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  • AndrewSmith
    started a topic -18 degree magic by concrete slab

    -18 degree magic by concrete slab

    I noticed all day today that the driveway near the garage is wet. I thought it was strange for -10 degrees, but it was sunny, so who knows.

    Now it's 19:30, -18 degrees celcius, and windy. How is it possible that this water is not frozen?

    DSC05888.JPG-small.jpg It's hard to see in the photo but that's water on the concrete, not ice.

    The garage is unheated and the 1/3 of it that's attached to the house is newly insulated. It's not warm inside, in fact the snow and ice on the car haven't melted for over 24 hours.

    The concrete is years old, it was done curing long ago.

    There is nothing under the garage floor. Sand and crushed rock under 15cm of concrete.

    I also noticed that in the back yard (the other side of the house) the ice rink I made melts more quickly in some spots than others.

    Is it possible that there are some geothermal forces doing this? Leaking gas lines? A nearby portal to hell? Or what!?

    If I sat there without boots for 30 minutes they'd have to cut my feet off at the hospital, that's how cold it is.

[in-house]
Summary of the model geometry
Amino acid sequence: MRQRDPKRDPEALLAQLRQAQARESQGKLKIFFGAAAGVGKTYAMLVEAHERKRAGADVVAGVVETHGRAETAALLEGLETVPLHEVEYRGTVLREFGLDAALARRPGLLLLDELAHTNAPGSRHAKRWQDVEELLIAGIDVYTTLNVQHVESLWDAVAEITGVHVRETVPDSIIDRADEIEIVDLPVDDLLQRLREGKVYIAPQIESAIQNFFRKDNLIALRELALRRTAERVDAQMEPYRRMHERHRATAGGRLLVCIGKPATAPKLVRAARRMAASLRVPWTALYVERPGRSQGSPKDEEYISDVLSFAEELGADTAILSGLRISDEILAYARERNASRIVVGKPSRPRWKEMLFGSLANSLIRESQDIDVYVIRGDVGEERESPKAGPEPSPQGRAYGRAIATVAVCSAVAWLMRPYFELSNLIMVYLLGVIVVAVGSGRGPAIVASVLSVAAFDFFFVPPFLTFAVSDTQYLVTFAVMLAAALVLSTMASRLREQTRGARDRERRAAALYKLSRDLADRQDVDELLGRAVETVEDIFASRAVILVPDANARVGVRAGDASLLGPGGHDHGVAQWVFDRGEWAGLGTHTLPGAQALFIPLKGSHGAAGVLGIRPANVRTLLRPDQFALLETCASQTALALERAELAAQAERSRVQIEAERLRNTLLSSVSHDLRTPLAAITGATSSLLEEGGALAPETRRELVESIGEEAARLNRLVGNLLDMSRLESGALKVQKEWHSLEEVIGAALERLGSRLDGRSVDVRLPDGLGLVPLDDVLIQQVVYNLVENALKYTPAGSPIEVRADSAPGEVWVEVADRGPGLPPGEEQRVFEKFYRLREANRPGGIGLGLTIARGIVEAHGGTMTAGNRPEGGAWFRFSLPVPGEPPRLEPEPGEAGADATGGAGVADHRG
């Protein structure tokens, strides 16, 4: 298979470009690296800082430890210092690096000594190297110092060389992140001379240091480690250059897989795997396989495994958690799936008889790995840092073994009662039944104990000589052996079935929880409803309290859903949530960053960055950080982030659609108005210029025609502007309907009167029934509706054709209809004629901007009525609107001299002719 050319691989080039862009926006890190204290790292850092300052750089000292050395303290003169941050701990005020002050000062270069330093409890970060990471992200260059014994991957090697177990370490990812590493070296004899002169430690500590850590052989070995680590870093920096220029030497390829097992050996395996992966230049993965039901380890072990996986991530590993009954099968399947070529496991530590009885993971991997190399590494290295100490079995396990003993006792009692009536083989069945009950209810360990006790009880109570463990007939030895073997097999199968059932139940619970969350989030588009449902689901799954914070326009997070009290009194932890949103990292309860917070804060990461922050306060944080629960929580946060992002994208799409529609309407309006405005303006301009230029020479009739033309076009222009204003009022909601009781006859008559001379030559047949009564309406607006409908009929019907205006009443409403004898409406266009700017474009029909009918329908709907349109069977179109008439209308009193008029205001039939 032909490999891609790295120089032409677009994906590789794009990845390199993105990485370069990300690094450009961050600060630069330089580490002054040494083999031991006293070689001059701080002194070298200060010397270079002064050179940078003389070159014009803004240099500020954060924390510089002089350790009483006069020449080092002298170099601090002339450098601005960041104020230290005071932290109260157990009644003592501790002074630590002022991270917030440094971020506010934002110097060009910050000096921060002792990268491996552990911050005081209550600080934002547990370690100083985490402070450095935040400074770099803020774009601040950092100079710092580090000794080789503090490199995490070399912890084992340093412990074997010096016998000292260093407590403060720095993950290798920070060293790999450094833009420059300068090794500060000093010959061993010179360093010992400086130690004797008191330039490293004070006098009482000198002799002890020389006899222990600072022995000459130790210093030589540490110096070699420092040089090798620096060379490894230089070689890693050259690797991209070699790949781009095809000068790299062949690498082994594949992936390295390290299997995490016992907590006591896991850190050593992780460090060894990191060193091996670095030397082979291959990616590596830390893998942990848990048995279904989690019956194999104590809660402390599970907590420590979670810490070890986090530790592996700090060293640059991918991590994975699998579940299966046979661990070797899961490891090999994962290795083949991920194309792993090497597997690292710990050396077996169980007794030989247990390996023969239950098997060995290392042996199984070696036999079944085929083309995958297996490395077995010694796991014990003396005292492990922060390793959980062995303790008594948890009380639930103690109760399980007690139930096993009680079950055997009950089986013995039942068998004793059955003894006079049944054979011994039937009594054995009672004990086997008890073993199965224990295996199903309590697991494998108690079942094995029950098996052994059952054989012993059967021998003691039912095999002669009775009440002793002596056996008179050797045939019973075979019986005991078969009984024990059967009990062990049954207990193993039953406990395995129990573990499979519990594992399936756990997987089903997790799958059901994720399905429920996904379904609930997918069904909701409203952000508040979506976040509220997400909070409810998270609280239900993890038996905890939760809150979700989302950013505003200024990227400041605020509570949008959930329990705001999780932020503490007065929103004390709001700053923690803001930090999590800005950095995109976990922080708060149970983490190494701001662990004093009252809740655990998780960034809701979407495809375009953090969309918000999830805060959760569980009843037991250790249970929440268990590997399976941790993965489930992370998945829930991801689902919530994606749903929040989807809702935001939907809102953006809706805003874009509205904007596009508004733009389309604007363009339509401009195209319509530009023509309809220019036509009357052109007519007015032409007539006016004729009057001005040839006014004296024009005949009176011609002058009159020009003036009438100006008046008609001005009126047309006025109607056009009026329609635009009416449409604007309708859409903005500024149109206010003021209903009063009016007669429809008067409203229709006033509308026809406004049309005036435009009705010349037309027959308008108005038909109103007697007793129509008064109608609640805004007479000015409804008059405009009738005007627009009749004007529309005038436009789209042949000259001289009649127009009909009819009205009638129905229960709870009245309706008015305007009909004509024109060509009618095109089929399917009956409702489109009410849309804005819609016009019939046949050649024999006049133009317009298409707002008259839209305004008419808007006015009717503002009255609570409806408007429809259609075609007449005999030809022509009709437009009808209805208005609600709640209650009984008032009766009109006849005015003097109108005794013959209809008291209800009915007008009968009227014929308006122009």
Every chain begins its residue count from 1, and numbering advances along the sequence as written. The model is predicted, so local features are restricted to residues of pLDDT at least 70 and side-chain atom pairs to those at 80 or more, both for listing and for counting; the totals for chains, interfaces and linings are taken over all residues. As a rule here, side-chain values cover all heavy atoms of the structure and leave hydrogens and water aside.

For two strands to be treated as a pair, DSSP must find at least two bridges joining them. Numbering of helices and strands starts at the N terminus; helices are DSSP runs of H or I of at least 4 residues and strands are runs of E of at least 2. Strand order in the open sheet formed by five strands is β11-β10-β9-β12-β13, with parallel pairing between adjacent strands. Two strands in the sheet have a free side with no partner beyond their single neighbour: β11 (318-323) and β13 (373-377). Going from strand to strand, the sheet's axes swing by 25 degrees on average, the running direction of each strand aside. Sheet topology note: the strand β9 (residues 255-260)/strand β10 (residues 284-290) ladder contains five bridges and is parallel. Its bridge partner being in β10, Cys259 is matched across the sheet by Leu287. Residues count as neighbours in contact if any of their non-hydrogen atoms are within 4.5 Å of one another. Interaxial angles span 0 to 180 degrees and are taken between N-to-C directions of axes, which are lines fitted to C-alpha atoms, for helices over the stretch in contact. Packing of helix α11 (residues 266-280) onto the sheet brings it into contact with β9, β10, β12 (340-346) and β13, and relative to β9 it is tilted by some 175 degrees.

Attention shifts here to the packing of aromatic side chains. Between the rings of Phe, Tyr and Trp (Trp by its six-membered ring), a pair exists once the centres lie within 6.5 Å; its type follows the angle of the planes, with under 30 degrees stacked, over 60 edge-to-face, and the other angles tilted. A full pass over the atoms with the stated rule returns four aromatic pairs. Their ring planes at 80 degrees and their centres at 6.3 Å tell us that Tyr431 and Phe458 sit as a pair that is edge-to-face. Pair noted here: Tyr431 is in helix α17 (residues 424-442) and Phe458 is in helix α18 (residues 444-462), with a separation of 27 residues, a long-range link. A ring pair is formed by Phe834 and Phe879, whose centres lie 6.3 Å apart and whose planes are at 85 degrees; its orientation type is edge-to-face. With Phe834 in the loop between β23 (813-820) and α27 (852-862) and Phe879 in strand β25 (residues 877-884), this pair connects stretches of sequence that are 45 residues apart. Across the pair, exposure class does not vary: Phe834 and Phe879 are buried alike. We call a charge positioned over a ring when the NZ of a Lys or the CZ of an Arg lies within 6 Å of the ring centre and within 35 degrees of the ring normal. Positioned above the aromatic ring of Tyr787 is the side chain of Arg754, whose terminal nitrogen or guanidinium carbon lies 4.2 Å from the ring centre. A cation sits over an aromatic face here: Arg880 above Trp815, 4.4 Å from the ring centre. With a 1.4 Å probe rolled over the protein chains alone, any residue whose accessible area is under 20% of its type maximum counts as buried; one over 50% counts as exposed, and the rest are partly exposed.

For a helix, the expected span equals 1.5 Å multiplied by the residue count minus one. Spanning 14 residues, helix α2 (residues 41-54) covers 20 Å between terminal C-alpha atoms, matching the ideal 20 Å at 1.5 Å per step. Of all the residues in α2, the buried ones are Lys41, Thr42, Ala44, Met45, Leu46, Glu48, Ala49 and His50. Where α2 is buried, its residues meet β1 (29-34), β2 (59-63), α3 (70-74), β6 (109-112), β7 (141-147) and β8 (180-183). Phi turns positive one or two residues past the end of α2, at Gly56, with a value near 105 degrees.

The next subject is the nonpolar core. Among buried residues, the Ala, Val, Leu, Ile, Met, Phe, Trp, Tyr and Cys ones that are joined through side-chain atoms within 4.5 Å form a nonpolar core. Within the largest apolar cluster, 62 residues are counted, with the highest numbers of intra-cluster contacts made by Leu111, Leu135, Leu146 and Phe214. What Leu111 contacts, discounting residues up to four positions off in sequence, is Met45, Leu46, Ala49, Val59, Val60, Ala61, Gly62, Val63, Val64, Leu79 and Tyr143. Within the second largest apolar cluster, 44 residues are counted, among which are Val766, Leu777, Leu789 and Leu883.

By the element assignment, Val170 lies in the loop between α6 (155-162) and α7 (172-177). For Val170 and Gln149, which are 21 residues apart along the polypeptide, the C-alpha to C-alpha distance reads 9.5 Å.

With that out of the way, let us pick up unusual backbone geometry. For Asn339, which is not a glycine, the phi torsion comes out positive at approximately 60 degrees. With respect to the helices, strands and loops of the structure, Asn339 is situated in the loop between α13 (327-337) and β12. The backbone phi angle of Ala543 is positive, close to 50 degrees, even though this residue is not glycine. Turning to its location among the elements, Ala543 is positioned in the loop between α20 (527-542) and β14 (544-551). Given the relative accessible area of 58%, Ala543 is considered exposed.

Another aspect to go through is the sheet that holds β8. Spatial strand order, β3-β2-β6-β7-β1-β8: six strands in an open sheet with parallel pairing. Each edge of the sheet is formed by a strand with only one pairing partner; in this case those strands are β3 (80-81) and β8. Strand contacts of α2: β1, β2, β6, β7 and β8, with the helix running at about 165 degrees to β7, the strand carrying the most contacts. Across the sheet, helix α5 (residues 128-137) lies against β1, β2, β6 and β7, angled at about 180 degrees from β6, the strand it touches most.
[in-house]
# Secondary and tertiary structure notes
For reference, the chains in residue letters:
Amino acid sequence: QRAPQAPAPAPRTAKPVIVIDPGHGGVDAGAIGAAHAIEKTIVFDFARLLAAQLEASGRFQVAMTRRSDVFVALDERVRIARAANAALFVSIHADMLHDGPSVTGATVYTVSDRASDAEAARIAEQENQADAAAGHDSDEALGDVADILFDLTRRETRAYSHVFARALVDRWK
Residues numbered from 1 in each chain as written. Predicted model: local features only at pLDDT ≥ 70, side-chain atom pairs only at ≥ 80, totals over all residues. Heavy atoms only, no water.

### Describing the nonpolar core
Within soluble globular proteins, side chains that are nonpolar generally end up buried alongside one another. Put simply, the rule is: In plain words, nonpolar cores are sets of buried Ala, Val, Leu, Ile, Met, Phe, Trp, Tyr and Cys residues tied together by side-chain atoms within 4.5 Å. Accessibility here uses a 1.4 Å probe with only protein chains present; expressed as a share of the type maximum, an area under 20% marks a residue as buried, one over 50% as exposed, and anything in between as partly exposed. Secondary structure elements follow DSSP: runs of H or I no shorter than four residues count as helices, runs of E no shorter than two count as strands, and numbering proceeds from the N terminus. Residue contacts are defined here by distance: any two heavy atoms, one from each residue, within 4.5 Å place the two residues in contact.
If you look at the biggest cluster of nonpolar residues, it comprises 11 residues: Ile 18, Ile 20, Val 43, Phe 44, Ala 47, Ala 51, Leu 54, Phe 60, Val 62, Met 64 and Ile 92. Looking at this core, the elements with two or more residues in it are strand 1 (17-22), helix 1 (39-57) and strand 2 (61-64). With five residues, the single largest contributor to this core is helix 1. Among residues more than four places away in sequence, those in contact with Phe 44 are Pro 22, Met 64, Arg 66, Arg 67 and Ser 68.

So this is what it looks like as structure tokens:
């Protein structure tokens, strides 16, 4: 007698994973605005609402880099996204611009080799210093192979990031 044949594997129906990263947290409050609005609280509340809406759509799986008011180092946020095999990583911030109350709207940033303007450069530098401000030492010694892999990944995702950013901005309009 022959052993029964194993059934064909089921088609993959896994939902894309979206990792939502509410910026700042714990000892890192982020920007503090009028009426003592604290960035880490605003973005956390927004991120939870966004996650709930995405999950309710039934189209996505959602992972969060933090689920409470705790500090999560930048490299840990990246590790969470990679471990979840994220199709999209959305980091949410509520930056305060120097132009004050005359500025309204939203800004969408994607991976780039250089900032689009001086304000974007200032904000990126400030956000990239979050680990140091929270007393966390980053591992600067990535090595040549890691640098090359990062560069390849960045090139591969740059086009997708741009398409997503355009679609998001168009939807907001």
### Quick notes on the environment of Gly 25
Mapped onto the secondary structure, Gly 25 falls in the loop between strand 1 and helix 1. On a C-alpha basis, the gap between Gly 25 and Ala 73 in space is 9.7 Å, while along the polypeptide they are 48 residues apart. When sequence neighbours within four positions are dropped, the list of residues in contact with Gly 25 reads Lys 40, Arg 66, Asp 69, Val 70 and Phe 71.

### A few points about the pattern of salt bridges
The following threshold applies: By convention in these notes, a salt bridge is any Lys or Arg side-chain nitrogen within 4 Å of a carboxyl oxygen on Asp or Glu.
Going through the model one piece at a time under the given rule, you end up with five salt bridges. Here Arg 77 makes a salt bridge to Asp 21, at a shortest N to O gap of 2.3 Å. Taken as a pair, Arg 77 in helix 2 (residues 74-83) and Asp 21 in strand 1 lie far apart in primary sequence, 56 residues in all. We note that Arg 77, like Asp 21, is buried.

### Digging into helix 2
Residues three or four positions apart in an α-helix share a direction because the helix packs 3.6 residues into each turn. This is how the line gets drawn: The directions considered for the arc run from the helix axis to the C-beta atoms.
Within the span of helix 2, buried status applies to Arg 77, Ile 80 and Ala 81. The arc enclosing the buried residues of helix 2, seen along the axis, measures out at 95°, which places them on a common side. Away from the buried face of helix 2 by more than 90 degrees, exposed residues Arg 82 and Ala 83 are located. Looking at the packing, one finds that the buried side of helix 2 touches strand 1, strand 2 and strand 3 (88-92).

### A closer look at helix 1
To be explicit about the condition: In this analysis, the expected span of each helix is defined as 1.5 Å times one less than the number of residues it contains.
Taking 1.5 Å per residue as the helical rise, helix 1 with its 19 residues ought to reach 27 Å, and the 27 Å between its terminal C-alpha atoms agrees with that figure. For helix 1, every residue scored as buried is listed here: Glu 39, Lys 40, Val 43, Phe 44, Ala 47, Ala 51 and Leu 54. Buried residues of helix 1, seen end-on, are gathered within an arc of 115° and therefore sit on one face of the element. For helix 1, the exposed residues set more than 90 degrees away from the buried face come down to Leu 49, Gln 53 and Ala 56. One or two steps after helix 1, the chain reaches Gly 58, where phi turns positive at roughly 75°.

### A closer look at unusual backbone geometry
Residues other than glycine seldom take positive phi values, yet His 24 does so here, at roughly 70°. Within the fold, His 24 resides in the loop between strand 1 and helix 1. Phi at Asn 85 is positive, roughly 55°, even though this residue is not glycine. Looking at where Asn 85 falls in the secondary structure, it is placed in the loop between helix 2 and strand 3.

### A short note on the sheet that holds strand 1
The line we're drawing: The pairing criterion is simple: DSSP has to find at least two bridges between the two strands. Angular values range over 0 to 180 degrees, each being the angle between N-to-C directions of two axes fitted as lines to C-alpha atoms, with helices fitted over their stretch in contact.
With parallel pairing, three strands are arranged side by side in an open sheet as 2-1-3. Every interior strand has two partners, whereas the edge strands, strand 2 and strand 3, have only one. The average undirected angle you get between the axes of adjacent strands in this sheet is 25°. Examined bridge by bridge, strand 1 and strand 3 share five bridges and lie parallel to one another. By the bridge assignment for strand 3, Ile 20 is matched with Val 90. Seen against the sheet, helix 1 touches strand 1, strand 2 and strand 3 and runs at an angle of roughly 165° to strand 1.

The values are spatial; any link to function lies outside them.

I'm not generally a fan of conspiracy theories or magic, but this is seriously challenging my logic. Please help me understand what's going on! Or volunteer your own joke

  • Rod Sheridan
    replied
    Yesterday I was walking around puddles in the parking lot.

    A combination of salt and sunshine on the black surface...............Rod.

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  • Rusty
    replied
    I will take the broken windshield any day compared to the rust on Ontario or is it the GTA cars.

    It's the brine made by salt melting snow and ice that is the issue. It ain't rocket science. The problem with salt melting ice and snow is the liquid/water refreezes if you don't get it to run off the road or sidewalk. The typical result is everyone gets to drive the same colour car. Salty white. The underbelly gets to rust away quietly. BTDT. If you want a good used car come to Alberta.

    Leave a comment:


  • corpaul
    replied
    Originally posted by AndrewSmith View Post

    Yep, that was it! I thought that stuff stopped working when it gets cold enough. Someone told me that in Quebec they don't bother to put salt/calcium on the road and just use sand over the ice because it's too cold. But I've only heard that once from one person.

    Maybe they were thinking of the far north ice highways.
    In Edmonton they put sand on the roads. Gives you a nice grip. Though the sand is usually not filtered well so there is small gravel in there (and hence you see lots of broken windshields here... I am not sure yet whether this is better than the rusty bottom cars I used to see in Kingston, ON).

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  • callee
    replied
    Originally posted by AndrewSmith View Post